BOURNEMOUTH University is among the institutions for discovering the largest known prehistoric rock engravings.

Rock engravings recorded by researchers from Bournemouth University (UK), University College London (UK), and Universidad de los Andes (Colombia) are thought to be the largest prehistoric rock art in South America and the art world.

The images engraved include depictions of giant snakes, human figures, and giant Amazonian centipedes carved into rock faces along the Upper and Middle Orinoco Rivers in Venezuela and Colombia.

Bournemouth Echo:

The rock is presumed to date back to at least 2,000 years ago, possibly much older.

Lead author Dr Phil Riris, senior lecturer in archaeological environmental modelling at Bournemouth University, said: “These monumental sites are truly big, impressive sites, which we believe were meant to be seen from some distance away.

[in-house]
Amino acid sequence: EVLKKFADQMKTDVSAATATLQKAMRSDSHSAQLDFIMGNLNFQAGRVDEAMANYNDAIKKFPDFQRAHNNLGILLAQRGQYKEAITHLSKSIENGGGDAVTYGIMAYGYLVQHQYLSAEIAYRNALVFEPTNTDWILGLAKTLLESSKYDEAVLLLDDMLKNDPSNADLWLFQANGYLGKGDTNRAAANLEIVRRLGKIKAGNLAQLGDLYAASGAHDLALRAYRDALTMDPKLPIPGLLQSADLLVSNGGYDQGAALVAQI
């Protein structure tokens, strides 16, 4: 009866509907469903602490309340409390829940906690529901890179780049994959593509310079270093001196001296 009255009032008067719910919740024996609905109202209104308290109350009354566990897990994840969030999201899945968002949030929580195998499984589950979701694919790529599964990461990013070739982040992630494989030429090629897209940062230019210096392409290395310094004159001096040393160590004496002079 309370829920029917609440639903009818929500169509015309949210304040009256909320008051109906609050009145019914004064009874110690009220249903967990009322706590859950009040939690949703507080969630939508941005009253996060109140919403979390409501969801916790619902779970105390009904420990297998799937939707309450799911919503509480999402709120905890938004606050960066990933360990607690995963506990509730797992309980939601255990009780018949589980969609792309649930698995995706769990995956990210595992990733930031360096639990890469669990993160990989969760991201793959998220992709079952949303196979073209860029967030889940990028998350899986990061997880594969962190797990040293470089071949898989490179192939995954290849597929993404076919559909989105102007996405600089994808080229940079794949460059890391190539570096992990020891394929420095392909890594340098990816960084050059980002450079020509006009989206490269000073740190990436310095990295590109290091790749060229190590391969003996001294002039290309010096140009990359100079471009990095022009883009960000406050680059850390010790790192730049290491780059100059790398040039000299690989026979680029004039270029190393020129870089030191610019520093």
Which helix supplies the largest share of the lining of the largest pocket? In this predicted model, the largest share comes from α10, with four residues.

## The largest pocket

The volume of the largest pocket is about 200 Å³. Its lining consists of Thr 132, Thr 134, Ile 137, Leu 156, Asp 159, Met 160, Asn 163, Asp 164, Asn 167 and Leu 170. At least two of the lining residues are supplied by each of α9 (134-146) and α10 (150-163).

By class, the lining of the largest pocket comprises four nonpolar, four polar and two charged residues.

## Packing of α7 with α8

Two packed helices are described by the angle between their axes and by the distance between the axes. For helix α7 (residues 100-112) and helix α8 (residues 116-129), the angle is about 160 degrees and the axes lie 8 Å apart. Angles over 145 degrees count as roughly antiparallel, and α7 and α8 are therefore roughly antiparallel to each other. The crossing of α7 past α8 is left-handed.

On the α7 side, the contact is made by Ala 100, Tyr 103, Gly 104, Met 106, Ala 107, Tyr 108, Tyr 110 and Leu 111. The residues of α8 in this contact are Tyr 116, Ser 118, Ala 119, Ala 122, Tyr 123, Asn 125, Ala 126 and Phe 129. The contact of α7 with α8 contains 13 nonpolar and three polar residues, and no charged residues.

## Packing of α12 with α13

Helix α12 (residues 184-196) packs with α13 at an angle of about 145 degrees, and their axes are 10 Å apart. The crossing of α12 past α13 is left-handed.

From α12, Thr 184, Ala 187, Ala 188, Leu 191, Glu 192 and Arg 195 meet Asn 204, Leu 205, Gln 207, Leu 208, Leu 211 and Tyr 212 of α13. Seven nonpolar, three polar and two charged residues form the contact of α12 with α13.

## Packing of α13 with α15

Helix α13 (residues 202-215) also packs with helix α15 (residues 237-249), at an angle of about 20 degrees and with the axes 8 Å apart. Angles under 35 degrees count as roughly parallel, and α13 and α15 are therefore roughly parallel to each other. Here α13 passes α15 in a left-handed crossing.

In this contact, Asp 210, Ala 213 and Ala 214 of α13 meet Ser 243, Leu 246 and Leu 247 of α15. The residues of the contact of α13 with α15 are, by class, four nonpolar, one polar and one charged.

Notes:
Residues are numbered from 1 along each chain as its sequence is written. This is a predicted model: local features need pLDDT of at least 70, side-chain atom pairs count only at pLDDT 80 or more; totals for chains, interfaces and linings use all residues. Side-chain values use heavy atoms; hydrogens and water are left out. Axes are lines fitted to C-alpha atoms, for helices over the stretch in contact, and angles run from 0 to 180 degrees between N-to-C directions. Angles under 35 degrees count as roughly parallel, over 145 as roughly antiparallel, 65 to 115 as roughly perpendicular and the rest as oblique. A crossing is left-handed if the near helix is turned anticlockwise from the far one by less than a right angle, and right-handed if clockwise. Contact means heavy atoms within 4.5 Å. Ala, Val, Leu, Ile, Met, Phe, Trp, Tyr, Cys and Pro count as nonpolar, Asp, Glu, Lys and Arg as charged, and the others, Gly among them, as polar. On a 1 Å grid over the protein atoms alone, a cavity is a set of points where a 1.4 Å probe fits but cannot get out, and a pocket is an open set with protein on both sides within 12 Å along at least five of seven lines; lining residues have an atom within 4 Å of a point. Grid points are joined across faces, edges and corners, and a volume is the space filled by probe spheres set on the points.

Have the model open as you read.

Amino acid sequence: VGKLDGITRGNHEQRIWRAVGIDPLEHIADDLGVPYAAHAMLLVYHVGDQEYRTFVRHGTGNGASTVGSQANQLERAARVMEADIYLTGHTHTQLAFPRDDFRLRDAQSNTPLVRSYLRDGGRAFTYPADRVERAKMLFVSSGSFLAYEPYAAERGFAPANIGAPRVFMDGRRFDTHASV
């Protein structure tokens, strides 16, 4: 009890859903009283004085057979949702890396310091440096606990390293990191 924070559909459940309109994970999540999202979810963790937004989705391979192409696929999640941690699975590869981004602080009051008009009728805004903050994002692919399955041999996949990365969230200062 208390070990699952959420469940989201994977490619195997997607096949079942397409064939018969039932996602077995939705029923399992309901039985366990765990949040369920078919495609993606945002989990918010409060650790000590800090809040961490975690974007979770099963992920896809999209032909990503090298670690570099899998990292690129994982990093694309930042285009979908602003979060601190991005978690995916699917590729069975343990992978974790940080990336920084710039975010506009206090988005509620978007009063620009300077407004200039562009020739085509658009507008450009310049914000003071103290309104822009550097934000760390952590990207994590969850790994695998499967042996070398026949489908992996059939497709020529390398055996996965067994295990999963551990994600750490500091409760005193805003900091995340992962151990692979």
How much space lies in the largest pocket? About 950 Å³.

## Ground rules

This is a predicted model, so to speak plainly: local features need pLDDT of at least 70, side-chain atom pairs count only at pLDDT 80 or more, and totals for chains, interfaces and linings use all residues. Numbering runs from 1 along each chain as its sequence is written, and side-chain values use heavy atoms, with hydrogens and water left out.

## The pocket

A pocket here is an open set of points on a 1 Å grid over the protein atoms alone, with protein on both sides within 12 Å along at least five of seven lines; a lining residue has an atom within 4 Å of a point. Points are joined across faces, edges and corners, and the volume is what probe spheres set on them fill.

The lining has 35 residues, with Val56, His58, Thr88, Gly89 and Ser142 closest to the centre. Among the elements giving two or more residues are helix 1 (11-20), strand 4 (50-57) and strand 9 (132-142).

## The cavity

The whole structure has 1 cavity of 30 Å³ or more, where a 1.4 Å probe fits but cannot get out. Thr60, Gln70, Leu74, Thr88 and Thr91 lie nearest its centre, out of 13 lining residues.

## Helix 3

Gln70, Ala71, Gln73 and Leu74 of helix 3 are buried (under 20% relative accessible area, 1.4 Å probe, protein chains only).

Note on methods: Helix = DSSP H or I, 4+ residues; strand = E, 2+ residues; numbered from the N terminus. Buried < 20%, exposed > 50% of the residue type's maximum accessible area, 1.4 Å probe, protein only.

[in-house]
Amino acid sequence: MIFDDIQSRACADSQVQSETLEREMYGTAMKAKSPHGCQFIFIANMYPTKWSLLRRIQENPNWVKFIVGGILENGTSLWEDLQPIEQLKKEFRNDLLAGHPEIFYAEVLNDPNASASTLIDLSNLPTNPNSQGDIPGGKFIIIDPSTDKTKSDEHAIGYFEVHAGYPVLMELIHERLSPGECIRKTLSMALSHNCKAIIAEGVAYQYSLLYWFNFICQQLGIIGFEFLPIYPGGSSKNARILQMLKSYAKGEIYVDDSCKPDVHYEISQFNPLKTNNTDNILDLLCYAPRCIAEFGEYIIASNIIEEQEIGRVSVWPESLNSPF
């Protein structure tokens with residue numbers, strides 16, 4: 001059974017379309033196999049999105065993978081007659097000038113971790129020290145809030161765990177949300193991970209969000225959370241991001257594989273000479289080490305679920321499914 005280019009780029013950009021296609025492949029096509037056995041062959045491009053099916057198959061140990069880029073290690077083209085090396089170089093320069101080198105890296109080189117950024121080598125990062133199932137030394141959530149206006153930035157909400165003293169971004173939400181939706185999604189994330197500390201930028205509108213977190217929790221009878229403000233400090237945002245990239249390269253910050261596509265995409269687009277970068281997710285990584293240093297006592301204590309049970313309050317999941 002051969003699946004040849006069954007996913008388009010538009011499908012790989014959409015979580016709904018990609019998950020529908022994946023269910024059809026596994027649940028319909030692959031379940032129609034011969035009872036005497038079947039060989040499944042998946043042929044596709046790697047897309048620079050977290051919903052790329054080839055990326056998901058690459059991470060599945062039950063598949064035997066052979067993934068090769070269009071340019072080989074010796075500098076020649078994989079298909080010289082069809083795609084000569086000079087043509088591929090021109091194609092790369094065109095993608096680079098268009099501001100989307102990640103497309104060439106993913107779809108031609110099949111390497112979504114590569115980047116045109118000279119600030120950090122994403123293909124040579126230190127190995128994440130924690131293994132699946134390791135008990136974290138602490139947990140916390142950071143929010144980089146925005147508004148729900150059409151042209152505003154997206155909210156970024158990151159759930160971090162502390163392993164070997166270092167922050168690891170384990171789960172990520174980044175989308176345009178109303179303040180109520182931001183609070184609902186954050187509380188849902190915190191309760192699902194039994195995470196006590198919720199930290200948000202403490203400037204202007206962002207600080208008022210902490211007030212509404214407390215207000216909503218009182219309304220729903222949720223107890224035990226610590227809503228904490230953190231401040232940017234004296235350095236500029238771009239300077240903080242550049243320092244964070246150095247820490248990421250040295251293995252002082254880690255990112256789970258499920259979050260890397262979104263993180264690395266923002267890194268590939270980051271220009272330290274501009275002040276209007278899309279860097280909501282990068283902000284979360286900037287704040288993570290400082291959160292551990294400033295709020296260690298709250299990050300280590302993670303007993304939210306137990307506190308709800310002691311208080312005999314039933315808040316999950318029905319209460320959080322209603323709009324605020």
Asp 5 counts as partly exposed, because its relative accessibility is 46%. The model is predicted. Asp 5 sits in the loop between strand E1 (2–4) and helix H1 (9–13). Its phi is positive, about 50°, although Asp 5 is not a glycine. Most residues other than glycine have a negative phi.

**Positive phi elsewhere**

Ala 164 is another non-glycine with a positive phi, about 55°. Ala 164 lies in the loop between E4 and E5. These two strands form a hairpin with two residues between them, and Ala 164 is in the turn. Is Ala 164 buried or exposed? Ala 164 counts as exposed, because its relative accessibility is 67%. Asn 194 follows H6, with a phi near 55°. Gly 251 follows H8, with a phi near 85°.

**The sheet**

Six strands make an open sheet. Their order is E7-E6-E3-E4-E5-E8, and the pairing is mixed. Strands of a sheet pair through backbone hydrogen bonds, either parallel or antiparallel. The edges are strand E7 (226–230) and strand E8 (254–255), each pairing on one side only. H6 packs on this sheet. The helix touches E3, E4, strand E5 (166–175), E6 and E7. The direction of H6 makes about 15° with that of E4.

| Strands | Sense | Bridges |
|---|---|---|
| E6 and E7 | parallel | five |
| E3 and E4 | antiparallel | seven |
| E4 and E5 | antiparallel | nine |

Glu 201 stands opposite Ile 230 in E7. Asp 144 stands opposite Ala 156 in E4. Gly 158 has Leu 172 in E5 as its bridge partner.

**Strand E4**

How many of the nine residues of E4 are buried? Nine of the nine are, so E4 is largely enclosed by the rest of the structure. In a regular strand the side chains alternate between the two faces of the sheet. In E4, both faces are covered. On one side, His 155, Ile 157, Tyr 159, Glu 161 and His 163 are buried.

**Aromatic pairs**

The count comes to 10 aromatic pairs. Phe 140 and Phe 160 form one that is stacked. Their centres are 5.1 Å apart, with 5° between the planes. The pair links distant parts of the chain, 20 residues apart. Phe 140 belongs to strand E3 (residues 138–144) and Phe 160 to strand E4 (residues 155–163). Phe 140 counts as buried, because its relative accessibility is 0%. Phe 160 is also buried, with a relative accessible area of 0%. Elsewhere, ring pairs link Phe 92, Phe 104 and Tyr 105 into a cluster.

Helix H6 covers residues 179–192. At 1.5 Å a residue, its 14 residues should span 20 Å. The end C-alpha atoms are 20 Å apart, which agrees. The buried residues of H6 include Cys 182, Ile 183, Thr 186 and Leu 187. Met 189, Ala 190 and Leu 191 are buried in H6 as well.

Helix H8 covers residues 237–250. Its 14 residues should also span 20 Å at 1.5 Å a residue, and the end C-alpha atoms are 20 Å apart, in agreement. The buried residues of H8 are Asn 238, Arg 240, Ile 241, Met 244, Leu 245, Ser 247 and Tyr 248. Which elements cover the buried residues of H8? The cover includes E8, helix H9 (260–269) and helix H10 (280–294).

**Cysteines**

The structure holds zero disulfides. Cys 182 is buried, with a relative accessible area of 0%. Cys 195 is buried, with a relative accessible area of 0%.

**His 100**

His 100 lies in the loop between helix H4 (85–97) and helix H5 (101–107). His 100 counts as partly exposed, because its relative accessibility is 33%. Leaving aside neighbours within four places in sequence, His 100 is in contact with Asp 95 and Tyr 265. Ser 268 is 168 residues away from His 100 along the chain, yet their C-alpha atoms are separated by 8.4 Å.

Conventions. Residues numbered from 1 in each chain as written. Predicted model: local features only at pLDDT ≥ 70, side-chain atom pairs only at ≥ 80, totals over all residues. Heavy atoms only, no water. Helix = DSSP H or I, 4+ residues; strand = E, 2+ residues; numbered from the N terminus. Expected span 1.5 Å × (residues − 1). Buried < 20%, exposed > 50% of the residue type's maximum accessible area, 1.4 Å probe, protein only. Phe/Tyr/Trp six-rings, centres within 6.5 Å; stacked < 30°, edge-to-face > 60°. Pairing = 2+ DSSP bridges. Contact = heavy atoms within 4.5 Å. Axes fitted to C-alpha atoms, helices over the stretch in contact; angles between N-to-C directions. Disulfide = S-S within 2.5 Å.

“We know that anacondas and boas are associated with not just the creator deity of some of Indigenous groups in the region, but that they are also seen as lethal beings that can kill people and large animals.

“We believe the engravings could have been used by prehistoric groups as a way to mark territory, letting people know that this is where they live and that appropriate behaviour is expected.

“Snakes are generally interpreted as quite threatening, so where the rock art is located could be a signal that these are places where you need to mind your manners.”

Dr José Oliver, reader in Latin American archaeology at UCL Institute of Archaeology, added: “The engravings are mainly concentrated along a stretch of the Orinoco River called the Atures Rapids, which would have been an important prehistoric trade and travel route.

“We think that they are meant to be seen specifically from the Orinoco because most travel at the time would have been on the river. The Archaeology tells us that it was a diverse environment and there was a lot of trade and interaction.

“This means it would have been a key point of contact, and so making your mark could have been all the more important because of that – marking out your local identity and letting visitors know that you are here.”